As one who comes from the belly of the beast with the seeker mega movement, the SOP for the ministers was to never drive expensive cars. They drove the best Toyotas but could afford expensive cars. They had nice upper middle class homes on golf courses in gated communities that were not overtly exclusive. They worked hard not to show their true wealth but lived above the cut just enough to fit in with their audience.
    But since few saw the inside of their homes, they might be astonished at how well they really lived and in what comfort. And vacations were almost always paid by those in the church who had vacation homes in Vail or condo’s on Marcos Island.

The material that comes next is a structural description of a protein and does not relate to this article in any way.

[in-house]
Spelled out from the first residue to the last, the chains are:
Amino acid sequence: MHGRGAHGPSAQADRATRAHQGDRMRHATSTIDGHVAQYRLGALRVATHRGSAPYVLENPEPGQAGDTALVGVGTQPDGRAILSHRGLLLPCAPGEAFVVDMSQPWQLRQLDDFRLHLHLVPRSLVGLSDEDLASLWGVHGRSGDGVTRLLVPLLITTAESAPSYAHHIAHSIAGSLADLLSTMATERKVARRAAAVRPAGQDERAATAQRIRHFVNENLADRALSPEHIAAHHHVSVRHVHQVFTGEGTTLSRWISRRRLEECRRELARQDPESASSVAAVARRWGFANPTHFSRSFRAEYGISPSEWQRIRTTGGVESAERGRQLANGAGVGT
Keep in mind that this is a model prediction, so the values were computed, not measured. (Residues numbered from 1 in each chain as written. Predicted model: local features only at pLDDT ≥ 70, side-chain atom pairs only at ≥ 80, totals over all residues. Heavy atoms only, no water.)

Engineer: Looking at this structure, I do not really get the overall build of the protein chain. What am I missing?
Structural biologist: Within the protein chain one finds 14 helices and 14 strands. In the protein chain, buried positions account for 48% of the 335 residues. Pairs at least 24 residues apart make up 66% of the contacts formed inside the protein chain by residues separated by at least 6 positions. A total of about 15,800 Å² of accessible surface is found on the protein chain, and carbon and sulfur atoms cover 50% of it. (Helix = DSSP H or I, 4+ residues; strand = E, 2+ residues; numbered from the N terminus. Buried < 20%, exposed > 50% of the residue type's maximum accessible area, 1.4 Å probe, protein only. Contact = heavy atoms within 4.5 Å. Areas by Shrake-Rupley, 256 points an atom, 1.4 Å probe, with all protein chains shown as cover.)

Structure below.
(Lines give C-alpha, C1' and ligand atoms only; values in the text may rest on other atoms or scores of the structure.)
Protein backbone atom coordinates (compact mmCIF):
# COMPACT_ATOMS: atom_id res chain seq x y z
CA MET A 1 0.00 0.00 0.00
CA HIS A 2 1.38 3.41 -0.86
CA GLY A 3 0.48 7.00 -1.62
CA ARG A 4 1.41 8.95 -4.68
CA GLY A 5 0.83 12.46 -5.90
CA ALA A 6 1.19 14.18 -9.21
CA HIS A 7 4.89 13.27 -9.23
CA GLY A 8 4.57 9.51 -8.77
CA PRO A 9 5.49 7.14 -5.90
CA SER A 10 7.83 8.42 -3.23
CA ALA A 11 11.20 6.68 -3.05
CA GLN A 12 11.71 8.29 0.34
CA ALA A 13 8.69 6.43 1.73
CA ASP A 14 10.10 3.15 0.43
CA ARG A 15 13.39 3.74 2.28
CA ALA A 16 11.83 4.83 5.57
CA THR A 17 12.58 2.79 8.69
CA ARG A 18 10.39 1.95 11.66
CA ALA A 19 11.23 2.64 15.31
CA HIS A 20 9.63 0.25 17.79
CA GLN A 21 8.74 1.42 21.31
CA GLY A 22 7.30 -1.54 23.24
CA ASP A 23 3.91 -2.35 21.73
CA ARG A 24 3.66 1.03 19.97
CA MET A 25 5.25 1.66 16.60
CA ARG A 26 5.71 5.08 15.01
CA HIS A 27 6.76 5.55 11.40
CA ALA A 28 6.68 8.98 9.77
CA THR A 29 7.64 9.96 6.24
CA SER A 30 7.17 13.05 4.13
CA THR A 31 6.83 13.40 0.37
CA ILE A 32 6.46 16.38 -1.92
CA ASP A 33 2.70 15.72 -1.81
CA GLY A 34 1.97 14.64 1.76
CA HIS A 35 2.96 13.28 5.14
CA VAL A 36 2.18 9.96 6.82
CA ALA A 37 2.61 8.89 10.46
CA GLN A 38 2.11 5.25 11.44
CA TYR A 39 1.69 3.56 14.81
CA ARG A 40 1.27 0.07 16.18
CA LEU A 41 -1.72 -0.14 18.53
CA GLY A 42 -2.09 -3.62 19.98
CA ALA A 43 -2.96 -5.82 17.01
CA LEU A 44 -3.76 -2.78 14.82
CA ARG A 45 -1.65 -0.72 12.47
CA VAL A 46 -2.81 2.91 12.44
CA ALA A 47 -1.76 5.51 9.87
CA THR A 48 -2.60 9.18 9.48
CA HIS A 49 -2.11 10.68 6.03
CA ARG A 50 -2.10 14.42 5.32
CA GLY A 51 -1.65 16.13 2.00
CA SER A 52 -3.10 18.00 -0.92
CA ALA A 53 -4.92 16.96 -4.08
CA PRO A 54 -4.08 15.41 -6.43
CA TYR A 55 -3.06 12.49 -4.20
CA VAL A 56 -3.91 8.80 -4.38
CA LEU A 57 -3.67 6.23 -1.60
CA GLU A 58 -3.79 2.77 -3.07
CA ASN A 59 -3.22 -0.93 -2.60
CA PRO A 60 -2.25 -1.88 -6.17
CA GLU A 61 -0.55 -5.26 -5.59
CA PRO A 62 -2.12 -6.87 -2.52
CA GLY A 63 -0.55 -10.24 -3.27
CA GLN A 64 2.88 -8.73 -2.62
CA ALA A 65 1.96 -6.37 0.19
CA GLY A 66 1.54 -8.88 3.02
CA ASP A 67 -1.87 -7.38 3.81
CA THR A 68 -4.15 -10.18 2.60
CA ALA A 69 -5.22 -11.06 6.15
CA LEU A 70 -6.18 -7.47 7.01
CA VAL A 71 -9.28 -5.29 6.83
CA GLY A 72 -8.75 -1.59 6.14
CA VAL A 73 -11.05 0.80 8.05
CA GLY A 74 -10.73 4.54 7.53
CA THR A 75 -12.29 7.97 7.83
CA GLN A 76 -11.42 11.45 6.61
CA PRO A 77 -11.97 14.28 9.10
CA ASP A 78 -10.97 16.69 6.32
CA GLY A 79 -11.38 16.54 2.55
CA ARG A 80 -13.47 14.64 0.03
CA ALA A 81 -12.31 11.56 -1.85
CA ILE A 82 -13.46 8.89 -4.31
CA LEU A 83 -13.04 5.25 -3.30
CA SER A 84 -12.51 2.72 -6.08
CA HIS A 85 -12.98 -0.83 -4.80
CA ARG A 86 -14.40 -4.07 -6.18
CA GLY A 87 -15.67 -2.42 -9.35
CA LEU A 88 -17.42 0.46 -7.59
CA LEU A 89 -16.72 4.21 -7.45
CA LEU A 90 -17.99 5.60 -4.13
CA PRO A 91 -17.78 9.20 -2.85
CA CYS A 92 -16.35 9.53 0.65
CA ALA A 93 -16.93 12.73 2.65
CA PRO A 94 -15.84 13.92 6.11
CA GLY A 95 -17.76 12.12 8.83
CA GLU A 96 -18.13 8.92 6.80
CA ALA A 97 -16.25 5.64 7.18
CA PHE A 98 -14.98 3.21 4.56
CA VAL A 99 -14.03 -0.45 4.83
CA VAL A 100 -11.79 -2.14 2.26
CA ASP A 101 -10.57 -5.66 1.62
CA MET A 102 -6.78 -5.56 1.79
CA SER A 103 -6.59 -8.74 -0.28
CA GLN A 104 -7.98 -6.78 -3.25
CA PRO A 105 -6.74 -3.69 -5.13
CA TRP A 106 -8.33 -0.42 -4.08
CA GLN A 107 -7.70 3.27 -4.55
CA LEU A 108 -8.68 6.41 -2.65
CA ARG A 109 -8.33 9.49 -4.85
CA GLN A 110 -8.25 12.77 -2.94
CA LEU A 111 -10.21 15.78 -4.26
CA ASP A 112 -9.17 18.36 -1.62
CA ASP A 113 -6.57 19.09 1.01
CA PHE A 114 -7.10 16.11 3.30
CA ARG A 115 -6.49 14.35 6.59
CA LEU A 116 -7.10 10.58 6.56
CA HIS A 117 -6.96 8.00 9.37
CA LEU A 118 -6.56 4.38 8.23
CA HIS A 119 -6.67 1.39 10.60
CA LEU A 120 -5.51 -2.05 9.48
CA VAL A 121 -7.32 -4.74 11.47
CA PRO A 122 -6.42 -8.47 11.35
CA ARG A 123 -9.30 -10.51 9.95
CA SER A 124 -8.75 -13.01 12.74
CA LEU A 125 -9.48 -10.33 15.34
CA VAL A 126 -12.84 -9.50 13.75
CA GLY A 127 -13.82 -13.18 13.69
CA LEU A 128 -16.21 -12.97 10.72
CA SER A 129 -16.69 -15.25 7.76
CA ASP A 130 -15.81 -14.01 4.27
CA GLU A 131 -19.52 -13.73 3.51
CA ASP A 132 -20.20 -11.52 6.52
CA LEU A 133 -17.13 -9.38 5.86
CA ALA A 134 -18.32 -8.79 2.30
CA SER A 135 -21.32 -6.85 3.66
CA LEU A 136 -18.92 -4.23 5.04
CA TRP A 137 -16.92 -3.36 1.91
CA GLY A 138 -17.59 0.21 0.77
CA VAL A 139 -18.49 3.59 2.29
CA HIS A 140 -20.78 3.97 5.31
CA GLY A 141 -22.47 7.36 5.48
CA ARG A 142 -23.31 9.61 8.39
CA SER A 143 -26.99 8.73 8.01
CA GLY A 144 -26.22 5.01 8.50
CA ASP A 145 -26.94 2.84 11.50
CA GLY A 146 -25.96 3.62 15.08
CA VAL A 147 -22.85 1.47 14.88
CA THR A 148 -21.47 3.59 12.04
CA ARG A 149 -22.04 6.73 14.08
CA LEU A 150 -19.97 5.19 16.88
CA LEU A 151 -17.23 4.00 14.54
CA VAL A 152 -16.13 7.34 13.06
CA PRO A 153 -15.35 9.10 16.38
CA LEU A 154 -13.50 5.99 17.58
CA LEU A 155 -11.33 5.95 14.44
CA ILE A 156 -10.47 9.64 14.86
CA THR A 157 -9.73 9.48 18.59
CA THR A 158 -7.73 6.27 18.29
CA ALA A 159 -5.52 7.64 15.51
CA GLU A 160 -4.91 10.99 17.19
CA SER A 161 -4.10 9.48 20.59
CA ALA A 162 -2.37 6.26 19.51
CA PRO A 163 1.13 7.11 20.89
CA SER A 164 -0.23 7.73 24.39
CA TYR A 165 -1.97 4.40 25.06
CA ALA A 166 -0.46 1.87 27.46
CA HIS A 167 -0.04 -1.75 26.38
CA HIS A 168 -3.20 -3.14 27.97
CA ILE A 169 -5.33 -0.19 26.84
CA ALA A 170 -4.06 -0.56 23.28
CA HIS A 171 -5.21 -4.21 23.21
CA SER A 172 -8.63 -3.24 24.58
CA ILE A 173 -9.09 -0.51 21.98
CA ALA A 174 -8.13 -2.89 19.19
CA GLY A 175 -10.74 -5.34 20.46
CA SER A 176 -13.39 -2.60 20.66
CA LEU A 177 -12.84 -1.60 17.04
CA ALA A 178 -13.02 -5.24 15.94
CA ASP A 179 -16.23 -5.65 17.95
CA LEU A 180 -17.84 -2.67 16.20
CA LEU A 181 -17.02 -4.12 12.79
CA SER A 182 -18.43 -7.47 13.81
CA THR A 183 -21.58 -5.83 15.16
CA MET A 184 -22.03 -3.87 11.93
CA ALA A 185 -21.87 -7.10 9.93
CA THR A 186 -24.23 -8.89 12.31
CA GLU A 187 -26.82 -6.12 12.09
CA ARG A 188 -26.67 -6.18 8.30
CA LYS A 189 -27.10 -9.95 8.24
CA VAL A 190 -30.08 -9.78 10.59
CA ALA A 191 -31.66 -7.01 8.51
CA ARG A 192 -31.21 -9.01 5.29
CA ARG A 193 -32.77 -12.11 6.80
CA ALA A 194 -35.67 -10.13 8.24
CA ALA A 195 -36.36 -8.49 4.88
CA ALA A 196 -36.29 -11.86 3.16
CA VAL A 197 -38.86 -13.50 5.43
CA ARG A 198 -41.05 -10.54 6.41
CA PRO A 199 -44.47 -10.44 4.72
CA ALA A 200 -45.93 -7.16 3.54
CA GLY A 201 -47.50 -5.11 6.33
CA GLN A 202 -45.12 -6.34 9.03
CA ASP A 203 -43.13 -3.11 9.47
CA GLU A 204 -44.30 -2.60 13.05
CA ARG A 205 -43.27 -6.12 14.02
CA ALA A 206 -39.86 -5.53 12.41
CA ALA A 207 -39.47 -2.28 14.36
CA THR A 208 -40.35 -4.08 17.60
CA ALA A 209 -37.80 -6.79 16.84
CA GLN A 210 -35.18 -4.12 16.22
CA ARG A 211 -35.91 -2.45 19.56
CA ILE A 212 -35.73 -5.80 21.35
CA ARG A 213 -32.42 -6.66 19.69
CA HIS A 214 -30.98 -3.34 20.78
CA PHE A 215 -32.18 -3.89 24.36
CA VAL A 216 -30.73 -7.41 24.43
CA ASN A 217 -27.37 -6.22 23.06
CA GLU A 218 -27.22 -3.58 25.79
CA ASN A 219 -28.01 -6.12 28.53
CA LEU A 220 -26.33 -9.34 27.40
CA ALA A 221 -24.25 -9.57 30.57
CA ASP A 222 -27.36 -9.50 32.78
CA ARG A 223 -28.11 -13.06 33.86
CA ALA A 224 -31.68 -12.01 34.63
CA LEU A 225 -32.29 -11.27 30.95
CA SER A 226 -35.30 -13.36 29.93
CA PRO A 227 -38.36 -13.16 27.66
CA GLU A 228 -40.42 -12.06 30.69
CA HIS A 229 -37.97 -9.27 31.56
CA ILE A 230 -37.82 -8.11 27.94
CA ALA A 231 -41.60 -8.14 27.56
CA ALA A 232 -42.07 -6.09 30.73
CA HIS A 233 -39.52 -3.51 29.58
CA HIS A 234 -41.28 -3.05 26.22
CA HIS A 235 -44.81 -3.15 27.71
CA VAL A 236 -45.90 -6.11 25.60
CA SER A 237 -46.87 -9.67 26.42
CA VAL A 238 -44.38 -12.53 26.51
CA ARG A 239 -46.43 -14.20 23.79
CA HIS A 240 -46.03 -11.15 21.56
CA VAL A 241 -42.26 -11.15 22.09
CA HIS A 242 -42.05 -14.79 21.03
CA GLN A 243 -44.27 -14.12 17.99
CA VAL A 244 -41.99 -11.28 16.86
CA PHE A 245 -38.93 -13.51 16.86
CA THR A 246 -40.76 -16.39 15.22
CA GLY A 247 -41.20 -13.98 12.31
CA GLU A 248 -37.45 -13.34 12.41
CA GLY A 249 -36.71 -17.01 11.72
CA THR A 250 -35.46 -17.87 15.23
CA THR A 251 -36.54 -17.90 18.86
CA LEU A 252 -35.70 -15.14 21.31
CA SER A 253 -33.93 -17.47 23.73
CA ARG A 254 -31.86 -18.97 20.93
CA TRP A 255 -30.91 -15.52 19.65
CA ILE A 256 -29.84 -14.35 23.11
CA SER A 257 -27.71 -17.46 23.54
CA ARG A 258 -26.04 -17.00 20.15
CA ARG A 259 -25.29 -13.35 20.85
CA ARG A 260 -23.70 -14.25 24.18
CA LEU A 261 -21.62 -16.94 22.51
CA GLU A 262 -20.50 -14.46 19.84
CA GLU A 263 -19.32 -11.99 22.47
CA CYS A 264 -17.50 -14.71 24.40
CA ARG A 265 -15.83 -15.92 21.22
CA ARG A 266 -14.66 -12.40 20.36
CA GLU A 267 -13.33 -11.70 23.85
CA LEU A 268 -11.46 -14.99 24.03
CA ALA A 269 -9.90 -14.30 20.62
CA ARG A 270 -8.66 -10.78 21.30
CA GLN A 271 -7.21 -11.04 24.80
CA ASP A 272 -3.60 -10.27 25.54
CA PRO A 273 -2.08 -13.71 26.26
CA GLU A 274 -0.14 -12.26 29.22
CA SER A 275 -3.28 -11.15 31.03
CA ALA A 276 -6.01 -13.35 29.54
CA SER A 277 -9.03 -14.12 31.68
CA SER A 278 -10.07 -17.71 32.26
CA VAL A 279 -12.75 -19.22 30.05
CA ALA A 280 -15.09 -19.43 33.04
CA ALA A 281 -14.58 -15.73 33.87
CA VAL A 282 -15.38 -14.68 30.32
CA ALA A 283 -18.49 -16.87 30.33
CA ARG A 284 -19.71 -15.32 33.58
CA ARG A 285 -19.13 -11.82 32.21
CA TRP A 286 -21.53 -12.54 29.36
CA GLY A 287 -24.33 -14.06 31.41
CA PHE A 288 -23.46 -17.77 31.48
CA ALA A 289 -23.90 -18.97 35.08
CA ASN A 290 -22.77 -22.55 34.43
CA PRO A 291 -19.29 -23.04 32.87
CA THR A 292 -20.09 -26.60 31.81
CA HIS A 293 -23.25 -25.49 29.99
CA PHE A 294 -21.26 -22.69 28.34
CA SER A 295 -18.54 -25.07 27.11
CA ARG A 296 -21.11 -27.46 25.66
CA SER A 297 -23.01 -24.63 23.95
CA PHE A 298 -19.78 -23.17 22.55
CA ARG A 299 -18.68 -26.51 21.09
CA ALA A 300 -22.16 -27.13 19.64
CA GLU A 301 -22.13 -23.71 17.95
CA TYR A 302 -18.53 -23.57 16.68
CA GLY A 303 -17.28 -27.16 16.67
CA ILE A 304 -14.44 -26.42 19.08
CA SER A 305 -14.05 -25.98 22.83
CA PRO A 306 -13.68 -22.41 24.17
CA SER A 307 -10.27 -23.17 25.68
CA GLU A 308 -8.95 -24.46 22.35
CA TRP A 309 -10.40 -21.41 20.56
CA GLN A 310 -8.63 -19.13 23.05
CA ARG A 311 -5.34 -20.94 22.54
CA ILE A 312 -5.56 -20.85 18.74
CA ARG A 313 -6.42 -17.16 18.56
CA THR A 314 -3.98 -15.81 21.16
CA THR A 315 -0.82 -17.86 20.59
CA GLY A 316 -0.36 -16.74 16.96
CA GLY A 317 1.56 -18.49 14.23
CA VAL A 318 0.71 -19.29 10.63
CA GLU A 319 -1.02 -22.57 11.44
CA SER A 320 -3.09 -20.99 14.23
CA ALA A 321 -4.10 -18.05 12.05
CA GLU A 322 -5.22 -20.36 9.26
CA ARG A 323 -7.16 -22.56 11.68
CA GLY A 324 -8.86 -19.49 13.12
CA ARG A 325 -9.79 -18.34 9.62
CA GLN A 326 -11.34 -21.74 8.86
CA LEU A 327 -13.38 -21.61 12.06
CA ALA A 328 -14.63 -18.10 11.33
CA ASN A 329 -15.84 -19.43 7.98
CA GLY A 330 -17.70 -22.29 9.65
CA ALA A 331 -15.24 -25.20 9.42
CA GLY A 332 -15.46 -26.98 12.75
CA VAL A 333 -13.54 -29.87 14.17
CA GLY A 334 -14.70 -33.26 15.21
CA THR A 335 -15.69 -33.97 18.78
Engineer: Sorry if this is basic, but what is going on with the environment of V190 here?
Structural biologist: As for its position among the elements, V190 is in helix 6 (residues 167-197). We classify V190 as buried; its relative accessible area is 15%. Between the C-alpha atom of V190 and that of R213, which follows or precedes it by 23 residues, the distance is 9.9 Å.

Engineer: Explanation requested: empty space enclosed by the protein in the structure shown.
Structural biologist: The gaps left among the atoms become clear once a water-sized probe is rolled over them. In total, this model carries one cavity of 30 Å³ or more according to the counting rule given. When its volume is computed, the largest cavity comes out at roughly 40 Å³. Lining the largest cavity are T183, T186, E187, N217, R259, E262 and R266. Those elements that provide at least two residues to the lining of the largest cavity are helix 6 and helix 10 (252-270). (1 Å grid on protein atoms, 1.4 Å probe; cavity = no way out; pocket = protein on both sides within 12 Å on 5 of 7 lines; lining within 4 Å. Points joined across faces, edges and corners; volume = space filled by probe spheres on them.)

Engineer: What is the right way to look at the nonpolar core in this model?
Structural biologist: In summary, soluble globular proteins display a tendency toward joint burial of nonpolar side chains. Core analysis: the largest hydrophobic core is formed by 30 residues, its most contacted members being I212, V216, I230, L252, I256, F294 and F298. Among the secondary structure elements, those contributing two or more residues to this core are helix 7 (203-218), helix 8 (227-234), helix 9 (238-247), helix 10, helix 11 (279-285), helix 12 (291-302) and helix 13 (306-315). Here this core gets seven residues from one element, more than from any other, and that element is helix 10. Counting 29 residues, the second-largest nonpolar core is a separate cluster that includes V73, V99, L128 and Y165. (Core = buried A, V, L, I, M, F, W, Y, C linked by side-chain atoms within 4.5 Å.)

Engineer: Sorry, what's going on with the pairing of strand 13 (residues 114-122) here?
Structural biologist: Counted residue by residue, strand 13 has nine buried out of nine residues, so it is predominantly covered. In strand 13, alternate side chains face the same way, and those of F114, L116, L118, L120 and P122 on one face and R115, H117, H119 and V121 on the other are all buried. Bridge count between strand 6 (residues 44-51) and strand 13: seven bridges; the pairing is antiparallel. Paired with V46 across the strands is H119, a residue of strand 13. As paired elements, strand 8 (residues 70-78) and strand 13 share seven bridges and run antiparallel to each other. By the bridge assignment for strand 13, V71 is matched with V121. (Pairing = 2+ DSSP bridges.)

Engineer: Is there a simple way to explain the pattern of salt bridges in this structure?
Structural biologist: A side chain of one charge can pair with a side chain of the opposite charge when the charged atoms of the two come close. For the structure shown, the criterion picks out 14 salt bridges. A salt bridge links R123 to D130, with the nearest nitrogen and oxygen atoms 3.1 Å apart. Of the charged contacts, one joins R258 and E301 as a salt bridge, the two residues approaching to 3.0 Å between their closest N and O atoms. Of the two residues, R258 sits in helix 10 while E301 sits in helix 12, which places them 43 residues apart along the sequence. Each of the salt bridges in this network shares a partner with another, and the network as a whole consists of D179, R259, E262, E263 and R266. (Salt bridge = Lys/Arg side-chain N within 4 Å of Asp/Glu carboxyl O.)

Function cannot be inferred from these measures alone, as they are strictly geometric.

They live in a different world from most Christians and they were amassing lots of wealth but since it was not “showy” it was never a problem for them. They actually seemed “humble” and many of the pew sitters would brag about what average guys they were. Those of us who worked there knew quite differently.

    • zachhoag

      @Lydia that is needed insight. it is possible, i suppose, to feign a modest standard of living while the church is still being used to make people rich. thanks for adding this to the conversation, lydia.

    • Sarah

      yes, yes, yes. This. It’s not as blatant, because nothing looks more average than driving a Honda and shopping at Target. But there’s a whole attitude/culture behind it. To limit it to materialism ignores how prevalent it is in middle-class churches.

  • GavinJohnston